burying or destroying the problems and blockading the genetic 'mine
tunnel' the problems live in. Darwin award class events are carefully
stubbed out and buried in unused backwaters. BIG ring fences are
erected around things that need them. if they break out the fences are
made bigger for next time. Many really bad 'experiments' lie buried
deep withing the wonderful machine.

GM comes along and leaps over the ring fences, and/or drags mareial
from its enclosures and stuffs it willy nilly into othe rplaces where
it looks like it may do something useful. Sometimes it does. We have
NO idea about the majority of what is going on in there. Most of the
time nature has done enough GM already that it handles it all pretty
well. Sometimes we get the pea/bean/baaaaad allergy result. Nature
says - why goodness me, who could have put that in there - I'm sure I
TRIPLE ring fenced that one off about 200,000 years ago after the last
disaster. So, I'll have to ... . In the mice/pea/bean case the
researchers noticed and shut things down and no harm may have been
caused, and the worst case harm may not have been bad.

But imagine eg a really really nasty one that not only causes immune
system responses in people but also in many other animals at all
levels and then some. Now imagine that the proteins are produced in
the crop byproduct and are plowed back into the soil. Inagine it
occurs in eg Alfalfa (world's largest crop) or maize or wheat or ... .
Imagine the protein lies happily in the soil and interacts with
organisms at various levels and animals and insects and ... . And
people who eat it.

What sort of nonsense is this. How bad can a bit of bad protein be
after all. How importang could this possibly be. Google anaphylactic
shock / and peanut allergy / and ... . Sure smells nice out there
today Mable, I think I'll .... Splat. // This new cultivar gives more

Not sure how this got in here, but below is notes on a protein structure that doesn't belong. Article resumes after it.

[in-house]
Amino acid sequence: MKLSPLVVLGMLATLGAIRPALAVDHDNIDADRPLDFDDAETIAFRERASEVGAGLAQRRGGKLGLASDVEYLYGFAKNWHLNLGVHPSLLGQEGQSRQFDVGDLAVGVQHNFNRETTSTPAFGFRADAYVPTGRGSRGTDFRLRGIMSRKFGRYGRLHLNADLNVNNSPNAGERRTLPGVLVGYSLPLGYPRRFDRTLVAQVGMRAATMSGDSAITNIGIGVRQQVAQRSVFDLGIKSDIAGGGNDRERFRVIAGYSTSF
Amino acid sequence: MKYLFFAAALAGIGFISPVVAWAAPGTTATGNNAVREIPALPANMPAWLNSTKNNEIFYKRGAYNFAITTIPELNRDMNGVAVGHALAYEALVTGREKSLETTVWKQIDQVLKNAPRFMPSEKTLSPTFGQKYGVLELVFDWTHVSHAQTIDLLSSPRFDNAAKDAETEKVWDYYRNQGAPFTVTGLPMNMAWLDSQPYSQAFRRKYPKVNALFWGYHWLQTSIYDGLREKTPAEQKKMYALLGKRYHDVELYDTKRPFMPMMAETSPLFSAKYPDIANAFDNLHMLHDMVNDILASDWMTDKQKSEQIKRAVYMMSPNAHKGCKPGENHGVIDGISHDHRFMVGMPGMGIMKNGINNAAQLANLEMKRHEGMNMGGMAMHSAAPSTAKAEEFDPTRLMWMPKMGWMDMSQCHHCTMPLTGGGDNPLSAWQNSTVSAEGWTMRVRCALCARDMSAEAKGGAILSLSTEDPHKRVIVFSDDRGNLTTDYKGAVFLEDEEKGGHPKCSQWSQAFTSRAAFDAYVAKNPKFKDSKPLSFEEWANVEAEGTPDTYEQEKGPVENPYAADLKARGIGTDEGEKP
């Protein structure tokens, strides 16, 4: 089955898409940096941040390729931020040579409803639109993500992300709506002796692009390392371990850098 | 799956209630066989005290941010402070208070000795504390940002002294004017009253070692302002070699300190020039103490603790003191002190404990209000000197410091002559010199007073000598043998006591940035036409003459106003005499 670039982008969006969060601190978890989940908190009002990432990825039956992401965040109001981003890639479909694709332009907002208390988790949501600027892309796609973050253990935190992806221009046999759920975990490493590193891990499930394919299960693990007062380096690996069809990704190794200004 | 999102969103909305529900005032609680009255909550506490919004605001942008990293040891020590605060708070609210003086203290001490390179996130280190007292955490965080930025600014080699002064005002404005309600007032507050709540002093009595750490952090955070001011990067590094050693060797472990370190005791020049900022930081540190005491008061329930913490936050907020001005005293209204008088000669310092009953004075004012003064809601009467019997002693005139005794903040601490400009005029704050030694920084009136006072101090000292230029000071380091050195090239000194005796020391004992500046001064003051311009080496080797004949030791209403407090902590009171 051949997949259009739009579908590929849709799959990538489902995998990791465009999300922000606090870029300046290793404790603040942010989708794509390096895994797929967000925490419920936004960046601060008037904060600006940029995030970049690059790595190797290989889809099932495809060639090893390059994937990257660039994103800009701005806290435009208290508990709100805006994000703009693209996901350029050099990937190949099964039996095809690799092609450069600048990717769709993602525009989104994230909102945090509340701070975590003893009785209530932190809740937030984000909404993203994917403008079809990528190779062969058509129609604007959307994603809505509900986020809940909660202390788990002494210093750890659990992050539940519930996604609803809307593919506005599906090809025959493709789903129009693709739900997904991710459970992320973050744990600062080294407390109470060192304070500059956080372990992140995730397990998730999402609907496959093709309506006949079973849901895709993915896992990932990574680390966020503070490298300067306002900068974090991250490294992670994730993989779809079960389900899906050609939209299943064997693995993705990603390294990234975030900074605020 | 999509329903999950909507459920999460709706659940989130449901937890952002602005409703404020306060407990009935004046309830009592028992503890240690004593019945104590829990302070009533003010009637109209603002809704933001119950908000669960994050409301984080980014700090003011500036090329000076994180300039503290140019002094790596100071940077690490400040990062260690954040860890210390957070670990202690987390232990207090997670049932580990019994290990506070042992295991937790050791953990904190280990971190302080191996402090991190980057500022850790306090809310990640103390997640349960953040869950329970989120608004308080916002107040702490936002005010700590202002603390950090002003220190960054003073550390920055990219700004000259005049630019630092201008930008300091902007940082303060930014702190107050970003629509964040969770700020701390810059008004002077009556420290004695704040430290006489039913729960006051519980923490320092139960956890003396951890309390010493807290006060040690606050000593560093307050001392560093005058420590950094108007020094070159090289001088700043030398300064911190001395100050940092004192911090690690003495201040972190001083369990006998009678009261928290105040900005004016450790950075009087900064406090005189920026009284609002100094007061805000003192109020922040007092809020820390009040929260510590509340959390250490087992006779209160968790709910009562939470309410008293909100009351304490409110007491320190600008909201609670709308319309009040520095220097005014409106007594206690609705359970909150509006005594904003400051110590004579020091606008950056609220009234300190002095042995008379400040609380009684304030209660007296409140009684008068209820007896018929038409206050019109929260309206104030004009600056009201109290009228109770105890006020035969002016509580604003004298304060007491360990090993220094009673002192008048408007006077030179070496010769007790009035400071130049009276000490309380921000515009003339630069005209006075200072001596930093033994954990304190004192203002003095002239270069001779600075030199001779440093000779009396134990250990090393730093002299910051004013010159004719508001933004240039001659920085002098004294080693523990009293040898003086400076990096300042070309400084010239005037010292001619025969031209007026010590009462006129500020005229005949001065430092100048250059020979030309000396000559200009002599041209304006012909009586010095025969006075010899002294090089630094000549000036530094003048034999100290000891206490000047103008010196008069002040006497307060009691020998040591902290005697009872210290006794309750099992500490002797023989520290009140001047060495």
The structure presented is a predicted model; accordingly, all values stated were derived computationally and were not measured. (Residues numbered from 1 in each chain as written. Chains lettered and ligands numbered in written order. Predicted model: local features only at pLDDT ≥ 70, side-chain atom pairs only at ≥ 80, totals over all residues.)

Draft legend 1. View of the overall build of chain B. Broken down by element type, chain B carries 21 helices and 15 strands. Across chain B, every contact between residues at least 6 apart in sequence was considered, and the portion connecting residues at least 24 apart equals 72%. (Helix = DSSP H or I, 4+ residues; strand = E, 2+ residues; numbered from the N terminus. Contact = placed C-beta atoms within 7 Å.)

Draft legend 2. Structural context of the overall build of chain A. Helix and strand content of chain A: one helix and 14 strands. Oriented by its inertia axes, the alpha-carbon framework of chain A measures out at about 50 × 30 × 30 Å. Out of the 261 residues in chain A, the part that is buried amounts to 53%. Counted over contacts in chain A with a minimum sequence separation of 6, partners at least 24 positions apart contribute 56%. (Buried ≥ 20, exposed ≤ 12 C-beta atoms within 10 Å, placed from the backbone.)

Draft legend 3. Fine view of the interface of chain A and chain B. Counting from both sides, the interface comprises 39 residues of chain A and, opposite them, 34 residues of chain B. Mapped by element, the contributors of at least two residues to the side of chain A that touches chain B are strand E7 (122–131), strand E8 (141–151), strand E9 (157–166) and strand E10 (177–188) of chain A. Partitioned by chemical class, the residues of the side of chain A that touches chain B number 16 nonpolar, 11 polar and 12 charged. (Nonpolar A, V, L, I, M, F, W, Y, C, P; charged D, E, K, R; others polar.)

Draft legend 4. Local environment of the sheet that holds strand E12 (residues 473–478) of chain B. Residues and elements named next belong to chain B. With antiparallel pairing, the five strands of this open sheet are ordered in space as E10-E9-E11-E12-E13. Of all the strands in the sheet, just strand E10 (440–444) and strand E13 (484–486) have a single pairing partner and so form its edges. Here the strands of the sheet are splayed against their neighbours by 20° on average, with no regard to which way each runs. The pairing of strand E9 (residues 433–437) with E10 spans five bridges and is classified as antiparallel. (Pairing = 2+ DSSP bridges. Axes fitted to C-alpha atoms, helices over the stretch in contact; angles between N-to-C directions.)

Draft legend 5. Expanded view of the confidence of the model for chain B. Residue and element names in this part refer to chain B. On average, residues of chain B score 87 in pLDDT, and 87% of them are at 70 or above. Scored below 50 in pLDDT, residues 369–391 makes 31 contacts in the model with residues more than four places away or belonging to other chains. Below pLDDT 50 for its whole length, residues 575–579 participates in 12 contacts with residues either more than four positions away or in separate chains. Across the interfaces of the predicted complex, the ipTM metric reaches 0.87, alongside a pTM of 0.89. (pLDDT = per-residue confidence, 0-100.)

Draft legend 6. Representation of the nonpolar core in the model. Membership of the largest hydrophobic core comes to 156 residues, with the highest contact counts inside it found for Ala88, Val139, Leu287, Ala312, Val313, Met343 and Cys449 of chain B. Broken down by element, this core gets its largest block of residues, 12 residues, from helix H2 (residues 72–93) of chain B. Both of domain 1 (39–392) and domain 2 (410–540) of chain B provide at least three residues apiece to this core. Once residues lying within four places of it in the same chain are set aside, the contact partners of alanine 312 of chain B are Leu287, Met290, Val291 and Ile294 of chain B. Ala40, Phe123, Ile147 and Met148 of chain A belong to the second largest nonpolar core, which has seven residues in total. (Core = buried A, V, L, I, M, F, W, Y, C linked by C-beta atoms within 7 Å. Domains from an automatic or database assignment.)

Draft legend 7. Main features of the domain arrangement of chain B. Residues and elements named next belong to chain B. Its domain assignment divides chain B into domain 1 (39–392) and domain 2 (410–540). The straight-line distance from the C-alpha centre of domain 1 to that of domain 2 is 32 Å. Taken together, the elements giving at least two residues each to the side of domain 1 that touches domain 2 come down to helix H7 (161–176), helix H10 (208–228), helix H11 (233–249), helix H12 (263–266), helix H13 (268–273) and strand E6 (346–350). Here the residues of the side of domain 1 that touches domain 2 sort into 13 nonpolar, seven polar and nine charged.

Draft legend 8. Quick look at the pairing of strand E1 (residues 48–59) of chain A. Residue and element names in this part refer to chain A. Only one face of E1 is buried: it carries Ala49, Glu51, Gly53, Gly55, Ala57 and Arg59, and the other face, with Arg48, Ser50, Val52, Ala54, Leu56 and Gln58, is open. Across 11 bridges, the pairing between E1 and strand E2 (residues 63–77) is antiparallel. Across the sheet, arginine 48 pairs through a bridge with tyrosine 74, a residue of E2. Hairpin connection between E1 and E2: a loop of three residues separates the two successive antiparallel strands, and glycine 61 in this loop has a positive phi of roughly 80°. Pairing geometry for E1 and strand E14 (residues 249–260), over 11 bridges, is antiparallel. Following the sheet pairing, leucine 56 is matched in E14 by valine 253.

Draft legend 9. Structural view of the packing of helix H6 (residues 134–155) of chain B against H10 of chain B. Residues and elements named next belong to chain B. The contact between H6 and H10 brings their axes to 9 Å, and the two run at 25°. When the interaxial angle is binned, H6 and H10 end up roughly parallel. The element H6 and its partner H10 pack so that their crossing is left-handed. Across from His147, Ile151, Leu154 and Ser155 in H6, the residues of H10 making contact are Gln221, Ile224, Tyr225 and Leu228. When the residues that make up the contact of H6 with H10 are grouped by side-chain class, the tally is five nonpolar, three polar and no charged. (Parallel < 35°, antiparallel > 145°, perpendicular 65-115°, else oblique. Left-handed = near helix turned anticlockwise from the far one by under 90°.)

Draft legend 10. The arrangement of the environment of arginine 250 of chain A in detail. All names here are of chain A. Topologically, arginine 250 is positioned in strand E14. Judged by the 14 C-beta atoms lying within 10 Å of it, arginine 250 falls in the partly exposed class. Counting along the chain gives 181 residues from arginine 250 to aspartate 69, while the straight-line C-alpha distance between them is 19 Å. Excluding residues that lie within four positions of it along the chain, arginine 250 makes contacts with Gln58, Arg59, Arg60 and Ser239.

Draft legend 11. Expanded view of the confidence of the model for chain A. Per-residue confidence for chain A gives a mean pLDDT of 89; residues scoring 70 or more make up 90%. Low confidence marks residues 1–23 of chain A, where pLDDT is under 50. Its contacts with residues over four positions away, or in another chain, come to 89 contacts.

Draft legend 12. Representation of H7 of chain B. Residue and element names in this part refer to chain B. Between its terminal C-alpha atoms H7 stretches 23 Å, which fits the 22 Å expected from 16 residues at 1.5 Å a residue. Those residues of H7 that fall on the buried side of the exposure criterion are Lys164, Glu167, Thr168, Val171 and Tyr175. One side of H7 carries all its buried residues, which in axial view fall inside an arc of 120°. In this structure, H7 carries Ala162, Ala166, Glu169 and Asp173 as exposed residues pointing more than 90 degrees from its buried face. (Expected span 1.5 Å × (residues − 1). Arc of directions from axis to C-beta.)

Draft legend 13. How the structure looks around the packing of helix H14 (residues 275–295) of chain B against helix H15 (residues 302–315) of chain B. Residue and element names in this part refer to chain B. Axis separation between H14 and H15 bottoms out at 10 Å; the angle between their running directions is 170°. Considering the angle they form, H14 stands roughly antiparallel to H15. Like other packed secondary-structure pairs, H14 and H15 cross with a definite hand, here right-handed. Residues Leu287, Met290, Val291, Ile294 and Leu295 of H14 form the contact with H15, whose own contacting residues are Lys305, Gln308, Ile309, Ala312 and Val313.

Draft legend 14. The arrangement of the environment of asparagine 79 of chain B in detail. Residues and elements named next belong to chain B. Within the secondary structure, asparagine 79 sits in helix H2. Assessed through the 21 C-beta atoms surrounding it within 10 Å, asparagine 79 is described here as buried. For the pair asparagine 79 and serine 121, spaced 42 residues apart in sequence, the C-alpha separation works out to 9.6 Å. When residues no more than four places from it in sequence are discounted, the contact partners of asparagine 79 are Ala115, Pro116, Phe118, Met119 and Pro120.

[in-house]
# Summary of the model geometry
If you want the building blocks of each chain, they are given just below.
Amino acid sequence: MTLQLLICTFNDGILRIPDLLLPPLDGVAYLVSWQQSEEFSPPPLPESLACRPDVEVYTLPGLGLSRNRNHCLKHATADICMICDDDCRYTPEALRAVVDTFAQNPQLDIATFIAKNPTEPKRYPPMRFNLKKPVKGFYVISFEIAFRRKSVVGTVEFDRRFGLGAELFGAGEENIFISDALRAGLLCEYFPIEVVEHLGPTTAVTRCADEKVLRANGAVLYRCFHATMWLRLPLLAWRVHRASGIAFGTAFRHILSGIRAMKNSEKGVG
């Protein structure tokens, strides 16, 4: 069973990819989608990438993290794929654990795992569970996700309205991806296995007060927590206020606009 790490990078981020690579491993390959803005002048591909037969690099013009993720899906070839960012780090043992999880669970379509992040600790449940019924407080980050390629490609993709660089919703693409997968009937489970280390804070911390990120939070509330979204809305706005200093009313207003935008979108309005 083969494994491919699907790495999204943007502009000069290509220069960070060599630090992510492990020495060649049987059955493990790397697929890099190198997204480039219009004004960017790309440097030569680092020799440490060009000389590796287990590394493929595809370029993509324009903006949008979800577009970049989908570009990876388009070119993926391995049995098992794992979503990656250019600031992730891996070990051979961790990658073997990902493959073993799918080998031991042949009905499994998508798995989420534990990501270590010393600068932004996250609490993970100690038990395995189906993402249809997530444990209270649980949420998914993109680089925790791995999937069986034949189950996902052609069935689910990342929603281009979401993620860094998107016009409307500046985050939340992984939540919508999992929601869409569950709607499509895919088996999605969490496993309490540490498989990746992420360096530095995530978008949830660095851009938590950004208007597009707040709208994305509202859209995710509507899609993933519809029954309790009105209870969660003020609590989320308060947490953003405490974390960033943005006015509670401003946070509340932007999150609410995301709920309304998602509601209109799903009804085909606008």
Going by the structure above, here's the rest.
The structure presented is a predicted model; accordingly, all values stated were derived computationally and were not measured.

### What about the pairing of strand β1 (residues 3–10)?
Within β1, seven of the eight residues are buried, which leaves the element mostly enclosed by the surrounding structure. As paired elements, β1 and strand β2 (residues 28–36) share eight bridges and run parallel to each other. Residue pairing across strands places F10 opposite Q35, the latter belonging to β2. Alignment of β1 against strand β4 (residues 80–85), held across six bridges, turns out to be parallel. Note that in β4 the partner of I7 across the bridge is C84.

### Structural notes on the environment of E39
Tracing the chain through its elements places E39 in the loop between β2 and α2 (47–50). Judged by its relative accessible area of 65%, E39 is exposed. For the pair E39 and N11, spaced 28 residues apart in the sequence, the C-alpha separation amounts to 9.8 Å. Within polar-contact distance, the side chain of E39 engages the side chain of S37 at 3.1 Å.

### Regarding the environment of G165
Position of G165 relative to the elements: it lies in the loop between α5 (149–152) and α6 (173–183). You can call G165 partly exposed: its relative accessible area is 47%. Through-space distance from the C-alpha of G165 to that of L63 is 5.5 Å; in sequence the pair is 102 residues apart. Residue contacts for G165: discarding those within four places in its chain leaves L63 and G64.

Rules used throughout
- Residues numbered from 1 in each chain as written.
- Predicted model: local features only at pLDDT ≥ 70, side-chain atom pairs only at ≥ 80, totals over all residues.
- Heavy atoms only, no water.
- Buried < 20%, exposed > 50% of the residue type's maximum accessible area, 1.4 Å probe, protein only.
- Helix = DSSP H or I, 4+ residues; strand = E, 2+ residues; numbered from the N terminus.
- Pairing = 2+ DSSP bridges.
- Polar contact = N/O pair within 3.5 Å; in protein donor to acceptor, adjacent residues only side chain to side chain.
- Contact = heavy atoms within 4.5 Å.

yield than ... / We can now make bread that ... / Dead? What do you
mean dead? All of them? Are you mad?!, I ... /

Of course, Murphy and nature don't make things simple. It may take a
certyain mix of rainfall and temperature profile plus a bit more
acidityin the  rain than usual before the ancient doors creak open and
the protein monster sallies forth to battle in the cereal packets and
bread products of you nation.

Probable? No. Possible? Of course. When? - ask the mice.

> After looking at the numbers it seems that the chance of reward (and
> I'm
> not thinking of finances here) is much greater than the chance of
> disaster.

That's certainly what the numbers 'they' publish say.
GM is balancing someone's prfits against life on earth, or millions
crippled, or 100's of millions damaged, or just a few kids (probably
not in your family) dead.

> Imagine produce that doesn't go bad as fast. People die in the US of
> bad produce.

True risk / benefit is
- not attempted
- not possible so
- not attempted

> Of course, we could do the same thing easier with irradiating the
> food
> products,

A whole other issue.
Irradiation doesn't offer a small fraction of the potential benefits
of GM.
Itdoes have its own risks. and advantages.
Some products are almost unusable without it (eg certain bug-prone
spices which have re probably been illicitly irradiated if you see
them for sale )

>but Americans seem to have a strong irrational tabu against
> anything nuclear.

Indeed.
And some strong rational ones as well :-)



{Quote hidden}

The mice agree :-)
But with GM anything is possible.

Doom doom ... :-)



           Russell McMahon.

2006\01\04@232026 by D. Jay Newman

flavicon
face
> > Yes, there is a chance that GM could cause some major problems. However,
> > nature has been doing GM for, well, ever since there was nature.
>
> True, but we are taking sequences from phyla that would never interact in
> nature, and splicing them.. Few corn plants ever cross-polinate with a
> squid. :)

That example is extreme, but it has been hypothesised that viruses may
be one mechanism of cross-species genetic transfer. This could occur
beteen highly dissimilar species.

> After looking at the numbers it seems that the chance of reward (and I'm
> > not thinking of finances here) is much greater than the chance of
> > disaster.

> True, but russell has a point the downside is potentially HUGE.

So is the effect of an asteroid striking the earth and most people
think it is only the subject for movies. Of course, most people don't
look at the long term probabilites.

And GM has a high probability of improving life as we know it.

> > Imagine produce that doesn't go bad as fast. People die in the US of
> > bad produce.
> >
> > Of course, we could do the same thing easier with irradiating the food